43. 43. The Way Forward • In analyzing Iqbal's ideas and advice for the Islamic Ummah, one would come to recognize that as a religious reformer, all his works in poetry and philosophy were aimed at bringing the Muslims out of their backwardness, superstitious beliefs, conservatism and passivity in life towards a state of preparedness in facing the challenges of the modern world (Mohd Abbas, 2011) 43
  44. 44. In his view, the message of the Qur’an is not all rituals (Zikr) but also scientific (Fikr). As Muslims, we should possess both these two aspects mentioned in the Qur’an in order to fulfill our duties in this world as Allah’s vicegerents. In line with Iqbal’s vision for the survival of the Ummah, modern day Muslims should be prepared to learn from others, particularly from the West, the latest development in the areas of science and technology for the betterment of the Ummah and humanity at large (Mohd Abbas,2011) Zikr & Fikr 44
  45. 45. Critique • The scenario in the Muslim World has not changed very much from the time of Iqbal • The Ummah is still lagging behind other nations in the areas of Science and Technology • Many oil rich countries waste huge some of money buying armaments • Muslim World lacks facilities to conduct scientific research. This caused the Muslim scientists and scholars to migrate Critique 45
  46. 46. Critique • Due to brain drain phenomenon, there is a poor rate of development and intellectual progress. • To counter the phenomenon of brain drain, Muslim countries should use ‘brain gain’ and ‘brain retention’ to gain back the good brains and to prevent losing good brains • Besides the revealed knowledge, Muslims should also give equal emphasis on human and natural sciences. Critique…..cont. 46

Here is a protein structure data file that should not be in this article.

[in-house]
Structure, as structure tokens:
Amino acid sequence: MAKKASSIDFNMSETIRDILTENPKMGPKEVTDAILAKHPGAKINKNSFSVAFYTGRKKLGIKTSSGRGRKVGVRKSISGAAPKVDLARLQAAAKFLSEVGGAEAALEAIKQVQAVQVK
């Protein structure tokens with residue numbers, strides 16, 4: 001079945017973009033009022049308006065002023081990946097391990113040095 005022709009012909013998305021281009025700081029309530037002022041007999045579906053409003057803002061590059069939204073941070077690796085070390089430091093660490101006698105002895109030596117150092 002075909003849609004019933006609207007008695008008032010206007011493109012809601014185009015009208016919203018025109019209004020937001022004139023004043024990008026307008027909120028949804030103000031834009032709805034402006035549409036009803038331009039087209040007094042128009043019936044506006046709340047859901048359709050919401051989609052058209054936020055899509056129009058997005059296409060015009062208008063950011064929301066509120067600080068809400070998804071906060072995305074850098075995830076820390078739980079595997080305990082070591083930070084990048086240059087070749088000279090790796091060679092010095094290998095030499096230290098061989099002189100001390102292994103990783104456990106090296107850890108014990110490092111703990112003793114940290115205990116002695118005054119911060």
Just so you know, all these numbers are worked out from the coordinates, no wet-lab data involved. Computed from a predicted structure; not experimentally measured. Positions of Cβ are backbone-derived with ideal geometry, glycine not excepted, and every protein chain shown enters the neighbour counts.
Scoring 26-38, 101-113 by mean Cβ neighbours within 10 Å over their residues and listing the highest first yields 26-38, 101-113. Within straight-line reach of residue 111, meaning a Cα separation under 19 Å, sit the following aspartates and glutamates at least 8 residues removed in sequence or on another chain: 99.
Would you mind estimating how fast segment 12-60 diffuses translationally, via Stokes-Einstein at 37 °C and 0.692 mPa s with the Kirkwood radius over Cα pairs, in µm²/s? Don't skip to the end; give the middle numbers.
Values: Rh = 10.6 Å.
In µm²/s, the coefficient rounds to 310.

47. 47. Iqbal Criticized for the Partition(1947) He had a noble intention of getting a separate homeland for the Muslims of India during his time, whereby the Muslims will have the freedom to practice their religion and culture without any intimidation from others Iqbal should not be held responsible for what is happening between India and Pakistan right now and also the act of violence in Pakistan A lesson can be learnt on concept of friendly co-existence from Malaysia & Singapore 47
  48. 48. Critique The departed melody may or may not come, The zephyr may below again from Hejaz or not! The days of this Faqir have come to an end, Another seer may come or not (Iqbal in Beg,1961, p.50) Even as I depart from this world, Everyone will say ‘I know him’ But the truth is, alas! that none knew Who the stranger was, or what he said, or when he came! (Iqbal in Nadwi,1979,p.i) His Last Lines of his Poem 48
  49. 49. Reference 49 Mohd Abbas Abdul Razak. ( 2011). Contribution of Iqbal’s dynamic personality theory to Islamic psychology : A contrastive analysis with freud and selected mainstream western psychology. Mohd Abbas Abdul Razak. ( 2013). Iqbal’s theory of personality : a contrastive analysis with freud. Iqbal, Muhammad. (1983).The secrets of the self (Asrar-i-Khudi). (Renold A. Nicholson, Trans.). Lahore: SH. Muhammad Ashraf. Iqbal, Muhammad, & Saiyidain, K. G. (1995). Iqbal’s poetry. Patna: Khuda Bakhsh Oriental Public Library. Saiyidain, KG. (1977). Iqbal’s educational philosophy. Lahore: SH Muhammad Ashraf. Iqbal, Muhammad. (1996). The reconstruction of religious thought in Islam, Lahore: Institute of Islamic Culture Munawwar, Muhammad. (1985). Iqbal and Quranic wisdom. (2nd .edn.) Lahore: Iqbal Academy Pakistan. Iqbal, Muhammad, Sir. (1953). The mysteries of selflessness: A philosophical poem (Rumuz-e-Bekhudi). (A.J. Arberry, Trans.). London: John Murray. Beg, Abdulla Anwar. (1961). The poet of the east: Life and work of Dr. Sir Muhammad Iqbal. Lahore: Khawar Pub. Cooperative Society. Nadwi, Syed Abul Hasan Ali. (1979). Glory of Iqbal (Trans. Mohammad Asif Kidwai).Lucknow: Islamic Research and Publications.
  50. 50. Syukran Jazilan Terima Kasih Thank You 50